Korea round-up: Janssen exits plant, Bayer transfers manufacturing

By Flora Southey

- Last updated on GMT

(Image: Getty/michaklootwijk)
(Image: Getty/michaklootwijk)

Related tags Johnson & johnson Bayer South korea

Janssen has confirmed plans to close a supply chain facility in HyangNam, while Bayer is transferring manufacturing operations from Ansung, South Korea, to Berlin, Germany.

Last week, South Korean news site The Korea Times reported​ that Janssen and Bayer’s decisions were prompted by “rising payroll costs and intensifying conflicts with unions”.

However, the firms told us their restructuring decisions relate to either operational or market assessments. 

Janssen Pharmaceutica, for example, told us it planned to scale down production at its supply chain facility, and exit the site before 2022, in response to an assessment of its global manufacturing network.

The Johnson & Johnson (J&J) subsidiary said it is committed to treating [its] employees with dignity and respect, and will provide them resources and support over the next three years.

“We remain highly committed to the Korean market and we will continue to provide high-quality products in Korea to help improve the lives of customers and patients through the use of our medicines,” ​the firm added.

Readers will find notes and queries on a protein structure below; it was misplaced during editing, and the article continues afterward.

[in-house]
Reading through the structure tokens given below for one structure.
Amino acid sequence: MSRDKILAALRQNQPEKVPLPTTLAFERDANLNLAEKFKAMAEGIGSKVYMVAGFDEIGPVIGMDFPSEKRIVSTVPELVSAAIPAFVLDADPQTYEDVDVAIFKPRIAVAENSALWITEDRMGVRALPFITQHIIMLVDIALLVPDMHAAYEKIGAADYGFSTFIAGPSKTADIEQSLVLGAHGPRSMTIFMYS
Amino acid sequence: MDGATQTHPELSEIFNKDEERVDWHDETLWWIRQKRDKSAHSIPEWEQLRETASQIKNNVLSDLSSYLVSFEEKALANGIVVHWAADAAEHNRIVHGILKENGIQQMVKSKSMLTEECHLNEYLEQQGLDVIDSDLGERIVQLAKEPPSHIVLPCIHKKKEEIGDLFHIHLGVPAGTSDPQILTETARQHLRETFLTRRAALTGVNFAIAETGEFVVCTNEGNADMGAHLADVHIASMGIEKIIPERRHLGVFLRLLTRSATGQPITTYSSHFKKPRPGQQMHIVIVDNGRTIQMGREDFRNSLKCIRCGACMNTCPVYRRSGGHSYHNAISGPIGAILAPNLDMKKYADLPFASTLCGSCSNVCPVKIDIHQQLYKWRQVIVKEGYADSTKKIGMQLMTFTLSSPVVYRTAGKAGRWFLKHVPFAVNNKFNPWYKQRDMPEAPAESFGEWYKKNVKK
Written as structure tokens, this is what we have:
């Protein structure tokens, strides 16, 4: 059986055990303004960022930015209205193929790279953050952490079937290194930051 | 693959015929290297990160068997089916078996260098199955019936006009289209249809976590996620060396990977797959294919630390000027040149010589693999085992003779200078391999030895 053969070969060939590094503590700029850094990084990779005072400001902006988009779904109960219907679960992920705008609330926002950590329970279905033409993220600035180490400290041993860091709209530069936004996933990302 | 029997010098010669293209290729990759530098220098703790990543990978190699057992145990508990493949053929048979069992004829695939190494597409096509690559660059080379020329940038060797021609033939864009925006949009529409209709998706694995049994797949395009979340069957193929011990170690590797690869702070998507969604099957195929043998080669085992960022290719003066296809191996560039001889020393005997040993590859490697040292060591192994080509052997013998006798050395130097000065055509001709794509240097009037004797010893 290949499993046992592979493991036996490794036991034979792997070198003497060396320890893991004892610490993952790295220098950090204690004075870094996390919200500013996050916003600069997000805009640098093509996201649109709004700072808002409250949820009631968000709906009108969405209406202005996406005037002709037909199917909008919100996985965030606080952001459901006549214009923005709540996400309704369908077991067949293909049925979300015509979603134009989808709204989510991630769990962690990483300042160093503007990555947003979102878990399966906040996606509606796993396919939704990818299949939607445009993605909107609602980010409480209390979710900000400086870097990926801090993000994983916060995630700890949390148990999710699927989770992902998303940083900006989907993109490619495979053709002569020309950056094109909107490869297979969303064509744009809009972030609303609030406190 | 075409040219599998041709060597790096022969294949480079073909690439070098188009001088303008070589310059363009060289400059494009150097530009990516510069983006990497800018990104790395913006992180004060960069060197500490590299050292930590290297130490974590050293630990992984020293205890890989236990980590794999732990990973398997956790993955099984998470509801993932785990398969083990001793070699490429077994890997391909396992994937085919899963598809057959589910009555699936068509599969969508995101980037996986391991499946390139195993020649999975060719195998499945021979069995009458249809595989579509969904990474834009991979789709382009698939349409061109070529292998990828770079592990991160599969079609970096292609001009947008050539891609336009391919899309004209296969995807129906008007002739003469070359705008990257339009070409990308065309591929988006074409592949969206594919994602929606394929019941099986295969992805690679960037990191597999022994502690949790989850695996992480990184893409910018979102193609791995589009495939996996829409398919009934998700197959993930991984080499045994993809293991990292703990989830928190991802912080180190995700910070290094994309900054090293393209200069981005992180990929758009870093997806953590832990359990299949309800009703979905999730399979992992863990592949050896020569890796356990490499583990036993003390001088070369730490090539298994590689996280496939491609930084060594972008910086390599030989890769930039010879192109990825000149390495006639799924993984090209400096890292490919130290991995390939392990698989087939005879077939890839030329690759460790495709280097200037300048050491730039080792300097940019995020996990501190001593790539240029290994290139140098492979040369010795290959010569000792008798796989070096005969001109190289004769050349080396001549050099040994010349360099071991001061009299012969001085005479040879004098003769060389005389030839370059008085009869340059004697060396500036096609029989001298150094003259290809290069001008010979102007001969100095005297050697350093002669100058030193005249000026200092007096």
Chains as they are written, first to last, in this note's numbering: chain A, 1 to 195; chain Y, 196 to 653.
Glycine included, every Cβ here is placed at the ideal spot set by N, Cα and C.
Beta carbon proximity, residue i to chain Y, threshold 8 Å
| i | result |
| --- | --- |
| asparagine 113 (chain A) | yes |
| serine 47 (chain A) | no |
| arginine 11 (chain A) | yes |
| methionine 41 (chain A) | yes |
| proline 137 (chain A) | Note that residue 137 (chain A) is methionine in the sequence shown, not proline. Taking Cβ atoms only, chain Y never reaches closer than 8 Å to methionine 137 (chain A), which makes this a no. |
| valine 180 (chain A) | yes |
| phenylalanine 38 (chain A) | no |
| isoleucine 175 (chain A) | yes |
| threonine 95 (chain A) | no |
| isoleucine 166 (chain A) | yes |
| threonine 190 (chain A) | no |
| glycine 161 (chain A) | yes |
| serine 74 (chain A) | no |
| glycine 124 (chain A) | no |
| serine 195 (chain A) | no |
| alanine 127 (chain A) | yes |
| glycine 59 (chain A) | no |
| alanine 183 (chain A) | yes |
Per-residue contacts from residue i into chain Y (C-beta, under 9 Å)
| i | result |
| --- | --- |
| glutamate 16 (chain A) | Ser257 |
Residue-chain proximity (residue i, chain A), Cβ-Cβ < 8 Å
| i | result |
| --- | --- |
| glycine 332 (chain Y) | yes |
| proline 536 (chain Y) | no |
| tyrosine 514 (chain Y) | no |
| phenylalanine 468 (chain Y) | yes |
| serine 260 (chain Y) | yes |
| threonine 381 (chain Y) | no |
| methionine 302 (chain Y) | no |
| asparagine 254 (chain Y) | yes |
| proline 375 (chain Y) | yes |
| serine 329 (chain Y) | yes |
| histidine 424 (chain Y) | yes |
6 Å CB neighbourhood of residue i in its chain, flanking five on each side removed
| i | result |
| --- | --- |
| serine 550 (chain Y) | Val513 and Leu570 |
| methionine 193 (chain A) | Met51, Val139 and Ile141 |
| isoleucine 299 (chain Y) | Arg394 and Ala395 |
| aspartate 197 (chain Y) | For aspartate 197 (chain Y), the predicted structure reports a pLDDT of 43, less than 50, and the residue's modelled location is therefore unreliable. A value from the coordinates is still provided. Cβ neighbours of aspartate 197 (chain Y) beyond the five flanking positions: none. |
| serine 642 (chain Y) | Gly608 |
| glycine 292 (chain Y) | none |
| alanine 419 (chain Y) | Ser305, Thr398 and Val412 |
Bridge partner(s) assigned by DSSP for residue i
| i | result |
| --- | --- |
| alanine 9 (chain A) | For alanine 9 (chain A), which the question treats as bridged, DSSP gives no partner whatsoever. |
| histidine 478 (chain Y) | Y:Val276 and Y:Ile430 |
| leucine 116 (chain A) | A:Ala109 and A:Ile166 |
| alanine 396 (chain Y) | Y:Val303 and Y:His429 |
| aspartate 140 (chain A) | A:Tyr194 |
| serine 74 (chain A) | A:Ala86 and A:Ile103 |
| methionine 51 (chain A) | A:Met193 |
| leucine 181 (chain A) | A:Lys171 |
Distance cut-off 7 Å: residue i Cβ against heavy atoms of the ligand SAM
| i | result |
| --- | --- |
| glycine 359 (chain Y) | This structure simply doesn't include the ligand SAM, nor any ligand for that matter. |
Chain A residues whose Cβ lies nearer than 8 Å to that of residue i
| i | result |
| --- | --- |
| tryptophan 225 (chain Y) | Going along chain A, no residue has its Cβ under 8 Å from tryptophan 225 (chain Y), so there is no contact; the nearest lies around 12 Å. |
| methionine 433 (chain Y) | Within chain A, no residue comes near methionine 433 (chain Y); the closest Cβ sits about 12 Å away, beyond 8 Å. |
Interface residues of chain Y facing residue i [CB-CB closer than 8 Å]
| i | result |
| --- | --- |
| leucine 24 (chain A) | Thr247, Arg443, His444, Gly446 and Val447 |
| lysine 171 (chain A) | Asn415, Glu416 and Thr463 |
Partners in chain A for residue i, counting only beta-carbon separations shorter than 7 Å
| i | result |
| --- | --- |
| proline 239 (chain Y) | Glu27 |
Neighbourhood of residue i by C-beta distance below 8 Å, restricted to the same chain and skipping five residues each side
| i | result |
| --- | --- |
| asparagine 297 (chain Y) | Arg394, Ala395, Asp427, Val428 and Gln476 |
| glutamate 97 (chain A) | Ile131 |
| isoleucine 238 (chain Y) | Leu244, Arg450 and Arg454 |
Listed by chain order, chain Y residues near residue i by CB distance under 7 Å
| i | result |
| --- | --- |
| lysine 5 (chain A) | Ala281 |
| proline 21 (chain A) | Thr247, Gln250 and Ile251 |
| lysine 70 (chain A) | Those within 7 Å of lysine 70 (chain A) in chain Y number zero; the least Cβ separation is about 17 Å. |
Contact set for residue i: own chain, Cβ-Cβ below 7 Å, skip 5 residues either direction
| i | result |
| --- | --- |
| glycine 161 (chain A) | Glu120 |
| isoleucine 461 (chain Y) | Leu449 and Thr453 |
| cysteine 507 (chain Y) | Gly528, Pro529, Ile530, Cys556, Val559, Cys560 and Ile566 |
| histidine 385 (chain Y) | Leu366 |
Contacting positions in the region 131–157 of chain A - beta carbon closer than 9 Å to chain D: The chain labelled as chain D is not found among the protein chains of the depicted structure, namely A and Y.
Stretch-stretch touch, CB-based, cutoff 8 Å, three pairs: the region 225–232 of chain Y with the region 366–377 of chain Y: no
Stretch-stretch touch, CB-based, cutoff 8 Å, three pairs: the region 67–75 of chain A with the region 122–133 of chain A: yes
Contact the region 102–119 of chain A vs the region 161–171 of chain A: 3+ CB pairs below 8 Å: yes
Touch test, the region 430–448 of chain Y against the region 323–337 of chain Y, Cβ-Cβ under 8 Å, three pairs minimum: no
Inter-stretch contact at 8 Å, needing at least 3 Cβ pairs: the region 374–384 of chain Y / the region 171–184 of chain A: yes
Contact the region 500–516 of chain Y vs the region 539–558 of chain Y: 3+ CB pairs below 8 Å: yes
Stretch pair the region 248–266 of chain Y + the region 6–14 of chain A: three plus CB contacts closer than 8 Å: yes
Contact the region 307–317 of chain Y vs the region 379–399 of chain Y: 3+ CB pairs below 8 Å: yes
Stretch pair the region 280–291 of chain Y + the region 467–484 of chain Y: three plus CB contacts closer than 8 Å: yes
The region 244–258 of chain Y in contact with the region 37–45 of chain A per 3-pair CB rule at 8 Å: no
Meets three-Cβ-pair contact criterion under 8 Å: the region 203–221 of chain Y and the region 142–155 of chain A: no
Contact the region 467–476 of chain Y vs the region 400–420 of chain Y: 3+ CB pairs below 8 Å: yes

The news comes three months after J&J reported plans​ to cut costs across its supply chain to increase investments in “critical capabilities” ​and technologies.

Germany-headquartered Bayer has decided to continue Quality Control, relabeling and repackaging operations of its imported pharmaceutical and consumer health products at its facility in Ansung, South Korea.

However, the firm said it is planning a technology transfer, which will see production of X-ray contrast medium product Ultravist (iopromide) moved to Berlin, Germany, before the end of the year.

“After a thorough analysis and assessment, the decision was made due to changed market demands and conditions.

“The transfer is not related to the performance of our employees in the production area of the Ansung site,” ​said the firm in a statement.

Bayer did not disclose how many jobs it would cut at the site, but said it “takes social responsibility for the affected employees…we will provide outplacement services to support those affected in finding other job opportunities.”

In other restructuring news, last week Bayer announced the sale​ of its prescription dermatology unit to Denmark-based LEO pharma.

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